Phil Murray, Chief Executive Officer, Petrotechnics, UK
Phil Murray, CEO and founder of Petrotechnics discusses the role his company’s enterprise software can offer the oil and gas industry. He expresses his vision for this product, which can increase wrench time and create great efficiencies through organising work patterns better. His account details also the challenges his company faced in developing this software, and its role beyond solely the oil and gas industry.
Before founding Petrotechnics you worked with BP for a decade. What brought you to the realization that a holistic, safe and integrated work planning system was required?
It was not a single moment, but back in 1990 most of the computers used were housed in basements and operated on by technicians and specialists. PCs were arriving, but were often used by only the most senior staff. It was my opinion that this technology was transformational and that it could change, in particular, operations in the oil and gas industry. At that point, the oil and gas industry was made of ‘wooden derricks and iron men’ but this technology offered a real chance to improve on this already formidable industry.
I was eager to demonstrate the value of this technology and to do so I remortgaged my home. Since then, the theme of Petrotechnics has been seeking to improve operations through creative thinking and innovation. An understanding of the technology and of the business domain are two qualities that are rarely seen together. Petrotechnics, however has always maintained this expertise and many in the company are ex-OIMs, production officers, or supervisors from a wide array of industries. Taking forward technology and a creative view with regard to new solutions is key, as long as solid deliverables are achieved. Petrotechnics’ systems govern 85 percent of the work in the North Sea and work with supermajors across the globe: without our business’ systems, work would be far slower.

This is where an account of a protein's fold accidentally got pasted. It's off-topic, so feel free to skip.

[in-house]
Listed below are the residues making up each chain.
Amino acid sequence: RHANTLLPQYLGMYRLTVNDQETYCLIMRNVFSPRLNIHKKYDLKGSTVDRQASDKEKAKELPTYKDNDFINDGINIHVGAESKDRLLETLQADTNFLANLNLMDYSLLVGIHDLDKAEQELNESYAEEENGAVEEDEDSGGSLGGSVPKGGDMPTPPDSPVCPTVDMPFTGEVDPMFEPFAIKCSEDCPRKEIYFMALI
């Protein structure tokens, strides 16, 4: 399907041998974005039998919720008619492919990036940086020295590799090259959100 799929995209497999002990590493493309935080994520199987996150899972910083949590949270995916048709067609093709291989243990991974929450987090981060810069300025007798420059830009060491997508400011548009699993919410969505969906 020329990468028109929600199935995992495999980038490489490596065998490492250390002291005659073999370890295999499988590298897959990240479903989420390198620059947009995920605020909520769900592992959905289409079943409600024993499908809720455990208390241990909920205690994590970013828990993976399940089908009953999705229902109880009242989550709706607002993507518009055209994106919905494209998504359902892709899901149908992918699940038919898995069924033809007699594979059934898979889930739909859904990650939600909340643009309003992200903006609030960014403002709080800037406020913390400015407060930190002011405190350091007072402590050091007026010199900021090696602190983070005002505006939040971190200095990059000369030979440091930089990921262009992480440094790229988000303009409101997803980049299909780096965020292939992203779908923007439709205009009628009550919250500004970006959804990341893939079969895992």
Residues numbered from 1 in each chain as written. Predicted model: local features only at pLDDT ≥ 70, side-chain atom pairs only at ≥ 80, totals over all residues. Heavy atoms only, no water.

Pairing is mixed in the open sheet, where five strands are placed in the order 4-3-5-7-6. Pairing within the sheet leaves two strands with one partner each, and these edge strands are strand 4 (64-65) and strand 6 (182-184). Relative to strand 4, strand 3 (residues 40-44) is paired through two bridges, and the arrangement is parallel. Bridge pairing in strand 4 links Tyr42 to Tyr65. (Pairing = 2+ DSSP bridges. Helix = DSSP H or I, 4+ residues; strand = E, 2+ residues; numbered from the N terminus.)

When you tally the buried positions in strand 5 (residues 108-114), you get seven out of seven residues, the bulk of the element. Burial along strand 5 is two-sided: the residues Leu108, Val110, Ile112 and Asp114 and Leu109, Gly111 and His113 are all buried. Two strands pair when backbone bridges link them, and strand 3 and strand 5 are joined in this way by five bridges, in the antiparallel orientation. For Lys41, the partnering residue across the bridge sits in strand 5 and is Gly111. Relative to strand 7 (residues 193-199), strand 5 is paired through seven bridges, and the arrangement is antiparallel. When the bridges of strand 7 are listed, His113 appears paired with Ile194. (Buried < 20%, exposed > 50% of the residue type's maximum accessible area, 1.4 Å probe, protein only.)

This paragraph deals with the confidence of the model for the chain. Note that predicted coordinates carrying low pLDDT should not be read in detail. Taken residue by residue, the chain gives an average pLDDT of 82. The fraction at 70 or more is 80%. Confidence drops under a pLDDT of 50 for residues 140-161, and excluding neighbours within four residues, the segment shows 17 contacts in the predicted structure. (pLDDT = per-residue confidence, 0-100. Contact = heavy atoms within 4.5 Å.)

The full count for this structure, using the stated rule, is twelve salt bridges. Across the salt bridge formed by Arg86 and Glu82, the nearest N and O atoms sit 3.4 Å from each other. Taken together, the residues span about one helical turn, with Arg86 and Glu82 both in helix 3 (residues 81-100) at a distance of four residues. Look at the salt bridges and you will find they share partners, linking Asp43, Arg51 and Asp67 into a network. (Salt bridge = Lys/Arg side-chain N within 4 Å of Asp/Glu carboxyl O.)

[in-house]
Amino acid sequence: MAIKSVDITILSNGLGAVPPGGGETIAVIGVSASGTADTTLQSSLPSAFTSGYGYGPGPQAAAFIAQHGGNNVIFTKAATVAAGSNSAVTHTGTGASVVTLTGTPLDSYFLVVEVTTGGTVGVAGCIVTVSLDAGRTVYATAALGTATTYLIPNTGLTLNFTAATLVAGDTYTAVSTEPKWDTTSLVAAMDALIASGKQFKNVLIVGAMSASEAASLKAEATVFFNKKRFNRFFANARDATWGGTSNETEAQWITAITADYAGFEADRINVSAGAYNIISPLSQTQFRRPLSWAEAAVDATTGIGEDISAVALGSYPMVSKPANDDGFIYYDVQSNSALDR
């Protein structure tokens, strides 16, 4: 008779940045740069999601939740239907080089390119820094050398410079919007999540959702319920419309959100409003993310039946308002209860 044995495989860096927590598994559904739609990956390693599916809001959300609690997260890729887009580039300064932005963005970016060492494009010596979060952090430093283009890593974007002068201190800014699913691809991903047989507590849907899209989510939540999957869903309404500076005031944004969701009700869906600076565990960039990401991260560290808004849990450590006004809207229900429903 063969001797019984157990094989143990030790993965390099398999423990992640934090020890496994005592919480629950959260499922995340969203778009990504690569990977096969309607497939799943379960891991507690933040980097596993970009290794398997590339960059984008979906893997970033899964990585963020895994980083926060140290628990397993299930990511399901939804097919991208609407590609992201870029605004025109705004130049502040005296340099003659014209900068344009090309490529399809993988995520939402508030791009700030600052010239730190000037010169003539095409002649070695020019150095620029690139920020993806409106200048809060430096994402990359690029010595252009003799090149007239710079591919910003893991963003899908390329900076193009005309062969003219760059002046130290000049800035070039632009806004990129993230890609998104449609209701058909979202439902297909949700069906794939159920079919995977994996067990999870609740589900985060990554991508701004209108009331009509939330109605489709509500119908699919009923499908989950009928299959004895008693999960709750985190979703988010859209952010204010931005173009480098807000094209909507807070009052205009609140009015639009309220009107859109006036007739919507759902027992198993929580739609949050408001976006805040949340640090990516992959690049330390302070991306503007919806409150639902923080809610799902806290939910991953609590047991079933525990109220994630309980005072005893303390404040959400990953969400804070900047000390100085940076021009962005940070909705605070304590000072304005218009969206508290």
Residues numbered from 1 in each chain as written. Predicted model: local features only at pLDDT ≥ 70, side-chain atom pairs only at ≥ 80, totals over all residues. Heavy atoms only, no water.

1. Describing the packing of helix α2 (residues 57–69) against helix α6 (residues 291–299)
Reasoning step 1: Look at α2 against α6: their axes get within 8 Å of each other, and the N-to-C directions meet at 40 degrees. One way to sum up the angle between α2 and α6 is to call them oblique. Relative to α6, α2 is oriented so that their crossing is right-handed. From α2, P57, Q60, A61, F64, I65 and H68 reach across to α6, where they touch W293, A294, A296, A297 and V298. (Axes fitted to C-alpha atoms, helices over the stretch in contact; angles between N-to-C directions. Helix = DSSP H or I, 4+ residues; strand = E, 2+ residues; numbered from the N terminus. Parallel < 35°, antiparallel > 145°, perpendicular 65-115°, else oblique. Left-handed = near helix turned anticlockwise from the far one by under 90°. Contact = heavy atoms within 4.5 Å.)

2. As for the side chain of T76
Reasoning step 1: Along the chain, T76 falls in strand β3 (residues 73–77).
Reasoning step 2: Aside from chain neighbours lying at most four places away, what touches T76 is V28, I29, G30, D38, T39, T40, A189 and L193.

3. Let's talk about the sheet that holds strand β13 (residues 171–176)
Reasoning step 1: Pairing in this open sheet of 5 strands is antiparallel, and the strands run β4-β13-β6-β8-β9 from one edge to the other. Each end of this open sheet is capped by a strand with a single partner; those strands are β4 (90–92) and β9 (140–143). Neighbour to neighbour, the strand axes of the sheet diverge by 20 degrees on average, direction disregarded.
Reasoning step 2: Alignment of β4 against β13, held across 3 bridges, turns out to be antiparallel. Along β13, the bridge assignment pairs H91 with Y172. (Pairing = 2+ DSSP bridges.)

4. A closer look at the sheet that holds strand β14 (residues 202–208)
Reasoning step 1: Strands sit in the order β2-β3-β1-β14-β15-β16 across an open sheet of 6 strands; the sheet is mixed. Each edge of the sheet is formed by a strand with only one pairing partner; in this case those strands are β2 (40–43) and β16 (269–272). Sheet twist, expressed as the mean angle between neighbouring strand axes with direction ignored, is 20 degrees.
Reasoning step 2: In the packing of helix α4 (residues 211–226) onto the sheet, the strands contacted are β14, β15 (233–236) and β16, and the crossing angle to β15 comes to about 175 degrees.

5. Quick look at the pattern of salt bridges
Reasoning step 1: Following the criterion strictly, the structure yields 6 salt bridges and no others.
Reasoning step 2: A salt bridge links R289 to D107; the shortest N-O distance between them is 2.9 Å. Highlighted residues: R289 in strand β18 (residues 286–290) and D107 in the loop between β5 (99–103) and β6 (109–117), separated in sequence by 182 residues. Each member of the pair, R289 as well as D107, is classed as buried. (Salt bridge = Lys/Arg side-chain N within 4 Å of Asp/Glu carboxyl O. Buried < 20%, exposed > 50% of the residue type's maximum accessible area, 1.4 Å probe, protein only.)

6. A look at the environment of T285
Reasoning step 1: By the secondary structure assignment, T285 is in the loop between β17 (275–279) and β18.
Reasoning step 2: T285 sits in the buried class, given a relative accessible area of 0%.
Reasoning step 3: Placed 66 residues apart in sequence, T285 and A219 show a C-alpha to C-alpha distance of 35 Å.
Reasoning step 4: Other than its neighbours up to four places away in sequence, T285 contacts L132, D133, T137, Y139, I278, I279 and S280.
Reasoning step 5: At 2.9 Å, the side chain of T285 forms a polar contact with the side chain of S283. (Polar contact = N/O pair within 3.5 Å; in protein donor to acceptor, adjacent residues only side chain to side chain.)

Delivering better ways of working is Petrotechnics’ key aim, and the company’s early work was pioneering, but it was not motivated by a single event, more the idea that emerging technology, particularly computer technology offered the ability to deliver great benefits to the oil and gas industry.
Speaking of innovation, Petrotechnics’ approach was obviously at the beginning very novel and original. Yet in 2013, the company was a finalist in the New Tech Development awards; what is still generating that originality and innovation within the company?